The long and short of protests’ economic impact in St. Louis | St. Louis Public Radio

The long and short of protests’ economic impact in St. Louis

Sep 19, 2017

The numbers aren’t in yet, but recent protests over the Jason Stockley verdict are clearly hitting the St. Louis region financially.

Two major concerts, U2 at the Dome at America’s Center and Ed Sheeran at Scottrade Center, were canceled on Saturday and Sunday. That meant a combined 100,000 concertgoers who were not in downtown St. Louis.

“Many of those, especially for the U2 concert, were coming from across the Midwest, so we had hotel rooms and restaurants that missed out on business both the night the concert was supposed to be and the next day,” said Missy Kelley, CEO and president of Downtown STL Inc.

Kelley said the city missed a chance to market itself to those out-of-towners for future trips. More than that, she said news of broken windows and closed streets will make it harder to get business conferences and conventions to book here.

“It certainly makes people more reluctant to come to the region because they’re concerned about safety … that definitely impacts our brand,” she said.

Joe Reagan, president and CEO of the St. Louis Regional Chamber, agreed that lost working hours and business opportunities, plus increased costs to local governments will mean a short-term economic effect. The specific impact remains to be seen.

“It’s very early, too early to assess in numbers,” Reagan said.

As for long-term impacts, the head of the business organization said St. Louis needs to seize the moment to address racial disparities.

“We believe the true measure of economic impact will be how we take action to implement economic policies that bring about racial equity and restore trust in the justice system here and be a model for communities across the country that are dealing with the very same issues," Reagan said.

While the Forward Through Ferguson Report, released two years ago Friday, had helped foster some progress, Reagan said obviously more work is needed.

Hundreds of people have been participating in protests — some peaceful and others destructive — since Friday, after Circuit Judge Timothy Wilson found former St. Louis Patrolman Jason Stockley, who is white, not guilty of first-degree murder after an August bench trial in the 2011 shooting of drug suspect Anthony Lamar Smith, who was black.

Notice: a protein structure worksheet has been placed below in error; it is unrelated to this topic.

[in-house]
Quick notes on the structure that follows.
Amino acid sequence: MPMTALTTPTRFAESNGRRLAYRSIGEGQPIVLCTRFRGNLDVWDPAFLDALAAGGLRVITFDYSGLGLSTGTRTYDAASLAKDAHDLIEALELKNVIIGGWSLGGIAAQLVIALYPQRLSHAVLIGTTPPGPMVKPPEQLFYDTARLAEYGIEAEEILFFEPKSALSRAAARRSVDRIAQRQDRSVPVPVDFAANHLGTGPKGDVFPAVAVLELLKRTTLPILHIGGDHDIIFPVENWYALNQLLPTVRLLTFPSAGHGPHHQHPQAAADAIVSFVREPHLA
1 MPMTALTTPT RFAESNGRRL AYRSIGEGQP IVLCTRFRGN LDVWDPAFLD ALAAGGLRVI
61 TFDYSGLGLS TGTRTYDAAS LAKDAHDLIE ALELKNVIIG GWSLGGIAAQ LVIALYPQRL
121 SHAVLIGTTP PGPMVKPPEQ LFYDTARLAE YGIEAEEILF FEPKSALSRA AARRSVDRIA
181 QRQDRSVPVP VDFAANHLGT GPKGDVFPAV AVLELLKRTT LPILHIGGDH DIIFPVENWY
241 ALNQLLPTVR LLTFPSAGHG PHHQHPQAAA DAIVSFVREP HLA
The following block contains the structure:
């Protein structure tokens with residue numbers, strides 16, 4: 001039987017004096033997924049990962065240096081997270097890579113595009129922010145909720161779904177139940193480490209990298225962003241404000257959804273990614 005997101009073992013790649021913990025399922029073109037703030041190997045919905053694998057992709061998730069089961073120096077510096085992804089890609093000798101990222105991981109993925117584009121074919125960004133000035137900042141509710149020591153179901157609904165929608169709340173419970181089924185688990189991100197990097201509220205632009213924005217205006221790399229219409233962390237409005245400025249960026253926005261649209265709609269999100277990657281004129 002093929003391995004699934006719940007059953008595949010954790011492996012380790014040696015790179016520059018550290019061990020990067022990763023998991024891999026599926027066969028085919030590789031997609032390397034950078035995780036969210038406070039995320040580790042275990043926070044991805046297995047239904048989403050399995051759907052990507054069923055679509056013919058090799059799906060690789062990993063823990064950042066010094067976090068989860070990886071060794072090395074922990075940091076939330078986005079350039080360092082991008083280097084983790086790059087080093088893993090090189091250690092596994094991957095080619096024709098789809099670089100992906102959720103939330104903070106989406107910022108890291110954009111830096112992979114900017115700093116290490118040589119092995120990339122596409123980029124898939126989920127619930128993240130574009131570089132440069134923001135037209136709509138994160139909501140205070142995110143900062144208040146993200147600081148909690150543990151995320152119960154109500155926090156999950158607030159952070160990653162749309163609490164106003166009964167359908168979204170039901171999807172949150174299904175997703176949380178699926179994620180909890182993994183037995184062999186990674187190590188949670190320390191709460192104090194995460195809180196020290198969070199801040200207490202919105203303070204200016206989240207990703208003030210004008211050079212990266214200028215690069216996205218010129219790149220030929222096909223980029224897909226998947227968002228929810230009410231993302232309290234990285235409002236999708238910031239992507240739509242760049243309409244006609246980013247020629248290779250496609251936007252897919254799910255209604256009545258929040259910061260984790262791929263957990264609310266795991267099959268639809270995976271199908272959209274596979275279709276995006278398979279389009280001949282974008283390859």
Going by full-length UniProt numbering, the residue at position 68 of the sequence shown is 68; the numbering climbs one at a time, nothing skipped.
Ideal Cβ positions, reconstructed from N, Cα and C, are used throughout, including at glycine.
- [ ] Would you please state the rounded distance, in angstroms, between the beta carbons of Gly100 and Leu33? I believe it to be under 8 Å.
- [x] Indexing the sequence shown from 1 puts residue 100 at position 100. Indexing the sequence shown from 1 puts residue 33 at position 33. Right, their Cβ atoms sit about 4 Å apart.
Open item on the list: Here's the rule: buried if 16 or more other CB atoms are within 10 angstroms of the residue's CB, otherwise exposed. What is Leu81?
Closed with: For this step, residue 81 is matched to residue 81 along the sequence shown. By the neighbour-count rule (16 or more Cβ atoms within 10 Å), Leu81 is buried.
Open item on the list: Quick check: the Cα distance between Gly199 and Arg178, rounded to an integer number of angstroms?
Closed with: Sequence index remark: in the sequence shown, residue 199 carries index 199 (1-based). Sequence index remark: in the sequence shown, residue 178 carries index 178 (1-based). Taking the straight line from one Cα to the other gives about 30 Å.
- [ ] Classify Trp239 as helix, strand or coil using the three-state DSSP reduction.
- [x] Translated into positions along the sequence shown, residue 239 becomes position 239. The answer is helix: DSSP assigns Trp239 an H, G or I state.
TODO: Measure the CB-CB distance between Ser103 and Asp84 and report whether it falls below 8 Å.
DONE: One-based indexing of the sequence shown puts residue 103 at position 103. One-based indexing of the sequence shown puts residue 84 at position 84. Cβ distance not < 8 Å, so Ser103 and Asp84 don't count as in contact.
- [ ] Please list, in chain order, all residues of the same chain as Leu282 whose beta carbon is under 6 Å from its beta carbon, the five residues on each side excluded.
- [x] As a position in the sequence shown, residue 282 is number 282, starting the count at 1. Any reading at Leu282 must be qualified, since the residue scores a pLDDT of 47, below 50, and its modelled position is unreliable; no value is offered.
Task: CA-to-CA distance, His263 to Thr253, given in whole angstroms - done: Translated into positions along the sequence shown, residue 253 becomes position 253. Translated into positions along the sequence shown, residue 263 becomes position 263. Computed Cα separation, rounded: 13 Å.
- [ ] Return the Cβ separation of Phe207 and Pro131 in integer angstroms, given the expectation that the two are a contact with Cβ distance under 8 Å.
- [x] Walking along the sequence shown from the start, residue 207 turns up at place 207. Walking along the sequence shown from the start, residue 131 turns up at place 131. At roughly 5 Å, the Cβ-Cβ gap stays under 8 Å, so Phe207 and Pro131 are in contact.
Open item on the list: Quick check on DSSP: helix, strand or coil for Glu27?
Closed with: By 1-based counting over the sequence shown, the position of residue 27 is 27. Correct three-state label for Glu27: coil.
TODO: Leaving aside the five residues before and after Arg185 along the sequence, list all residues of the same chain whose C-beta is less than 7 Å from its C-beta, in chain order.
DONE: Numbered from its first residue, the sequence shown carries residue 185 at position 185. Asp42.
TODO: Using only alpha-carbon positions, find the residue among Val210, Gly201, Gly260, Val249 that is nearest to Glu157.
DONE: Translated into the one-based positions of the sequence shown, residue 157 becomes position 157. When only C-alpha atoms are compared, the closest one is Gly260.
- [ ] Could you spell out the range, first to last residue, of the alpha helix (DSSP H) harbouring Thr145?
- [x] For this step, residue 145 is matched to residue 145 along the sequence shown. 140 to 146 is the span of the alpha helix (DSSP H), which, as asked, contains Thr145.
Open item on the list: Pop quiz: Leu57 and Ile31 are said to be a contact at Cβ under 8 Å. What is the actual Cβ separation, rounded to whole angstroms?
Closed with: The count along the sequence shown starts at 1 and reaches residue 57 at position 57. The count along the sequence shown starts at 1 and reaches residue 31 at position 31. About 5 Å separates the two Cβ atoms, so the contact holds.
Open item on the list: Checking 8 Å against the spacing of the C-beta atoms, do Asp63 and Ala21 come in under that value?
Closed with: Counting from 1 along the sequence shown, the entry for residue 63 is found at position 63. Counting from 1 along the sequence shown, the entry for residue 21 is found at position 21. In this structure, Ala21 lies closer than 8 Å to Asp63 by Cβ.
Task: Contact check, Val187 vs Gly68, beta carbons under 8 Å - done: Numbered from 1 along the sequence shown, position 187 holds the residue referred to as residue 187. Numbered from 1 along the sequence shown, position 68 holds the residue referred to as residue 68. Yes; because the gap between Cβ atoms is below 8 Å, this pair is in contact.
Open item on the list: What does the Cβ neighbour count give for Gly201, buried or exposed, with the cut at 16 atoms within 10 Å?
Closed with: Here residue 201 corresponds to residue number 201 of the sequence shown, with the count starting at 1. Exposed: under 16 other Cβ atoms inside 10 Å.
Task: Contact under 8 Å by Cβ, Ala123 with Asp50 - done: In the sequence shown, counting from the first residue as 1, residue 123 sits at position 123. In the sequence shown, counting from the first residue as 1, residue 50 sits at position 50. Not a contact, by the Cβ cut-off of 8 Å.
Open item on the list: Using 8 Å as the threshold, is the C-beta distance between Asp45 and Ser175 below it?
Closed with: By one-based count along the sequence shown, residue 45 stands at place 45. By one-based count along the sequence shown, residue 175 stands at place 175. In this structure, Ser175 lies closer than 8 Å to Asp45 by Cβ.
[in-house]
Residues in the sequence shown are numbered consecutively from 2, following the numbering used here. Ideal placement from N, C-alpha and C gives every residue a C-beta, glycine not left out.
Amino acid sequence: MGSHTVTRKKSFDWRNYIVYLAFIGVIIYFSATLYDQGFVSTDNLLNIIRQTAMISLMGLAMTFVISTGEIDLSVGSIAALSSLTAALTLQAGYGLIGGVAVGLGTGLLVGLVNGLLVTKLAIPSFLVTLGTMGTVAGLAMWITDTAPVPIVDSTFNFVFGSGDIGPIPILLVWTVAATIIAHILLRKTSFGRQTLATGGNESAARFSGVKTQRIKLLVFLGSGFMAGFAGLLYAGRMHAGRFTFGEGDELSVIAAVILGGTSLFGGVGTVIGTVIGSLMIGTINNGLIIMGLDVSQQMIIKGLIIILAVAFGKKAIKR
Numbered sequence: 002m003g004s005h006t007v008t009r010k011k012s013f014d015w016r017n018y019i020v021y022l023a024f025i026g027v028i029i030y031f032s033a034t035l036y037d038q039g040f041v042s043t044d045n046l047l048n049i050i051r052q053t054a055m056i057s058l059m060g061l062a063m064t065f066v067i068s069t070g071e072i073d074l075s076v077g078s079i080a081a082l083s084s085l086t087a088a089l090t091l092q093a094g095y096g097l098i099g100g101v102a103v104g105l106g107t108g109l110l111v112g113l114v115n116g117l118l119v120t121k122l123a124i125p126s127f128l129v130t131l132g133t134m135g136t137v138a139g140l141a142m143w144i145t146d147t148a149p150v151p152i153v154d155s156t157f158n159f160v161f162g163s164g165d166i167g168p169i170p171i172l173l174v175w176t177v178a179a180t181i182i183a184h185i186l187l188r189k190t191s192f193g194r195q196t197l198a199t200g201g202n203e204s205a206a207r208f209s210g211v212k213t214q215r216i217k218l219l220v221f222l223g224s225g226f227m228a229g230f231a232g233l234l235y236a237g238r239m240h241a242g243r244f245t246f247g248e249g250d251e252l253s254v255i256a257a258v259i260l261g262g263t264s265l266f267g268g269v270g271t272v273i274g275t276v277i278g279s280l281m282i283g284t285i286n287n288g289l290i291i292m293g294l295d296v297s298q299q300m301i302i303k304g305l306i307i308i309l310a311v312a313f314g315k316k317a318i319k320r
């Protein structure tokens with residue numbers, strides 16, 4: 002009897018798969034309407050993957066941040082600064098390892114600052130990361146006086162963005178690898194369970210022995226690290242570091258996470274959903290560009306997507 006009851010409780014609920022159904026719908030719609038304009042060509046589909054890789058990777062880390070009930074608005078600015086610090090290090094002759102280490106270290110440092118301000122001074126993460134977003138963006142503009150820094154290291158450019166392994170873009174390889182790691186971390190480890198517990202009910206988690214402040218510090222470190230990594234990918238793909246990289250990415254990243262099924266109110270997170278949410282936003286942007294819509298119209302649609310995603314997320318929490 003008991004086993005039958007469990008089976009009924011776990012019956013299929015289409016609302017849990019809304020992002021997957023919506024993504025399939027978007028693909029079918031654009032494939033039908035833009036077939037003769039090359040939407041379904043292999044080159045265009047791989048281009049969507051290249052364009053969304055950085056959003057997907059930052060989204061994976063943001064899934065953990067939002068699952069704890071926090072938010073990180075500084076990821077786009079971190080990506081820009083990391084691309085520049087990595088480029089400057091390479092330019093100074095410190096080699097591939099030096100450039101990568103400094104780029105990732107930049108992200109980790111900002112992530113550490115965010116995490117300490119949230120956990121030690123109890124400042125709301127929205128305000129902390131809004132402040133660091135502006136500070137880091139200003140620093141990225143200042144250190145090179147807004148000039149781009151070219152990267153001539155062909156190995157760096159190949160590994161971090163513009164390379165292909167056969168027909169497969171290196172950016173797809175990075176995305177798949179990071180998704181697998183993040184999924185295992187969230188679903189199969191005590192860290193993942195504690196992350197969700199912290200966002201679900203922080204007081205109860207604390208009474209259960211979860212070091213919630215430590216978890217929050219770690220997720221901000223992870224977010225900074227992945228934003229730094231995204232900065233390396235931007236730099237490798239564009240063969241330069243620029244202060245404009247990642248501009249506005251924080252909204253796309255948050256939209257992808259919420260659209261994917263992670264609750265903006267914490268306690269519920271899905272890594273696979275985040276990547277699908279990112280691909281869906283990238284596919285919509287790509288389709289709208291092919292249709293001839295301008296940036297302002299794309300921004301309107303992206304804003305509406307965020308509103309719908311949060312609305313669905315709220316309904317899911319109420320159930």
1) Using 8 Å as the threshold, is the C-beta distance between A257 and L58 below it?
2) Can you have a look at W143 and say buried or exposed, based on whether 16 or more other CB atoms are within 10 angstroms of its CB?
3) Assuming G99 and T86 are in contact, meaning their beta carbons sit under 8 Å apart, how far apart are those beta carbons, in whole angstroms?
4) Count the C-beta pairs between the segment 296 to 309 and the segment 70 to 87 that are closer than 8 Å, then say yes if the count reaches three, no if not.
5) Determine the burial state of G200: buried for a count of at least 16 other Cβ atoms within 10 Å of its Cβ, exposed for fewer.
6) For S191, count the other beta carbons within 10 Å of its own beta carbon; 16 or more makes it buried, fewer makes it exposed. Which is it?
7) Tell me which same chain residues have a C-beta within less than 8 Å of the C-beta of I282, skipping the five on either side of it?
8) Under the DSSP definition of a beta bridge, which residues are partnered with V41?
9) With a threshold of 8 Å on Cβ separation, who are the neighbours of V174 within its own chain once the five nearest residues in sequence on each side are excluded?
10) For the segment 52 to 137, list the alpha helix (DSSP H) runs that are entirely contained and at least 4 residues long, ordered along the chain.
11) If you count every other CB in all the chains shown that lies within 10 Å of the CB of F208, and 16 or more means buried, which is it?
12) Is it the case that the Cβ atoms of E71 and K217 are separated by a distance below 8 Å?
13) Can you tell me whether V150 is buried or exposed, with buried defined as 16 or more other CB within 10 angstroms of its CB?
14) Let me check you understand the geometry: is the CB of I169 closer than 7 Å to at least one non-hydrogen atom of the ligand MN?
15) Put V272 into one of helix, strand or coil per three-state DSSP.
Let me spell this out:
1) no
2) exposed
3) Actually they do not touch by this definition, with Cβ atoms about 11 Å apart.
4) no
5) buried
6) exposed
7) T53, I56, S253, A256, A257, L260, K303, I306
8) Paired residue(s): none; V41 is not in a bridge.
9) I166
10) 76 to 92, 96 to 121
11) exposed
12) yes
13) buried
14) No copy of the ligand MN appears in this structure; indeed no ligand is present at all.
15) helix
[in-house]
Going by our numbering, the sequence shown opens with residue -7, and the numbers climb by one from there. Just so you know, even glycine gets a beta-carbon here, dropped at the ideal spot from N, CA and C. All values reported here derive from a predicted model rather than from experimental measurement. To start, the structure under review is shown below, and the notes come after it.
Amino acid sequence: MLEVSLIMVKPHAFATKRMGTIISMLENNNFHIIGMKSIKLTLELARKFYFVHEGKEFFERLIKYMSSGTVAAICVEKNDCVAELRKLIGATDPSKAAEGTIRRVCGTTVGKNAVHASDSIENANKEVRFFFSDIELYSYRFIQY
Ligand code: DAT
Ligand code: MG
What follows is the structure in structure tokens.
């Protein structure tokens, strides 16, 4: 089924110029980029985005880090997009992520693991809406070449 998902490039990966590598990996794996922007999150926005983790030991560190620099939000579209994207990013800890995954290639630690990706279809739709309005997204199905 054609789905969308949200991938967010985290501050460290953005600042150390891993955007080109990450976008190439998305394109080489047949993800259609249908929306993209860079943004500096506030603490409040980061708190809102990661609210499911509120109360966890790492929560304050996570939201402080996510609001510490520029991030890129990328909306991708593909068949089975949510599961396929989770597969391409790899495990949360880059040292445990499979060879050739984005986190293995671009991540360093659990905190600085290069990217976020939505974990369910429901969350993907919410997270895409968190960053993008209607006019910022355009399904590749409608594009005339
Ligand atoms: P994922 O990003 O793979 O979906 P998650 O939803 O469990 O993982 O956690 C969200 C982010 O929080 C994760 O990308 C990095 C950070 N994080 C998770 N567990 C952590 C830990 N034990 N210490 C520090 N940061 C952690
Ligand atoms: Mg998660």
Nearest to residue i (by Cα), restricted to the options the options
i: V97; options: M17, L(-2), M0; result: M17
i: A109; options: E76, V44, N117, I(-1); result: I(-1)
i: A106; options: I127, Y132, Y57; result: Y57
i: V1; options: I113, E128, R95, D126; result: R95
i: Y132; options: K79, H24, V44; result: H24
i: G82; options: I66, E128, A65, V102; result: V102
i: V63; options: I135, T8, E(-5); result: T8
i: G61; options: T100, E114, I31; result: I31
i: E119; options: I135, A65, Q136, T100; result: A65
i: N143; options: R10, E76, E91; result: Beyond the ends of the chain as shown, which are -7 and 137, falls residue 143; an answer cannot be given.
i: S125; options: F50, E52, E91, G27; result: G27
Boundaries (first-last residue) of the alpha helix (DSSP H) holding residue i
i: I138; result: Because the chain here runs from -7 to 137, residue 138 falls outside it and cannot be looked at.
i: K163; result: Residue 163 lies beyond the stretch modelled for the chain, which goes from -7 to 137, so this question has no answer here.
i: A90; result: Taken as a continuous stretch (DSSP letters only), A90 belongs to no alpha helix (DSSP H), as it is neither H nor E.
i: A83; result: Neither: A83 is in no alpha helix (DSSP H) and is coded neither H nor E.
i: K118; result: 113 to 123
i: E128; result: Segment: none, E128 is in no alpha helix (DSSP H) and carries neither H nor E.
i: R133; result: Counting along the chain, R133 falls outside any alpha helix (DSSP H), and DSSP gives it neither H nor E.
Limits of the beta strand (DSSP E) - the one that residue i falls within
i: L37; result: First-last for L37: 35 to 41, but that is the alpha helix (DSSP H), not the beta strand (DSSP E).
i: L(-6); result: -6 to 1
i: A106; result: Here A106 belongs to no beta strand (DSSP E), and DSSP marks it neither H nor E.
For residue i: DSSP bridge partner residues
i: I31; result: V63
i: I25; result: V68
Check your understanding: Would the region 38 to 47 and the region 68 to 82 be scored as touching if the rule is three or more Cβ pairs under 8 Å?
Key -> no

In the Loop District, developer Joe Edwards said Monday night that he was puzzled over why some people chose to break out windows in 23 businesses along Delmar Boulevard on Saturday night.

“Why this street, in particular, I’ll never know in a million years,” he said, pointing to the large number of minority- and women-owned businesses.

At the same time, Edwards said people were very supportive on Sunday, coming out to shop and eat, along with artists who painted over plywood.

“If nothing else we have a lot of great new art on display in the Delmar Loop,” Edwards said.

In downtown St. Louis, Kelley said windows were broken in seven or eight businesses on Sunday.

“The best thing that St. Louis can do right now can show up for these small business owners who really are taking the brunt of something that they have no power over,” she said. “We need to go out to lunch; we need to go out for dinner and you know, just pop in and show our support.”

So far other events in St. Louis appear likely to go on as scheduled.

A St. Louis Blues official said a pre-season game at Scottrade Center on Wednesday evening was still planned.

Meanwhile, Billy Joel will play at Busch Stadium on Thursday.

“Our security team has been in frequent communication with law enforcement to ensure we take every step necessary to assure the safety of concertgoers,” said Ron Waterman, the Cardinals’ vice president of communications. 

Follow Maria on Twitter: @radioaltman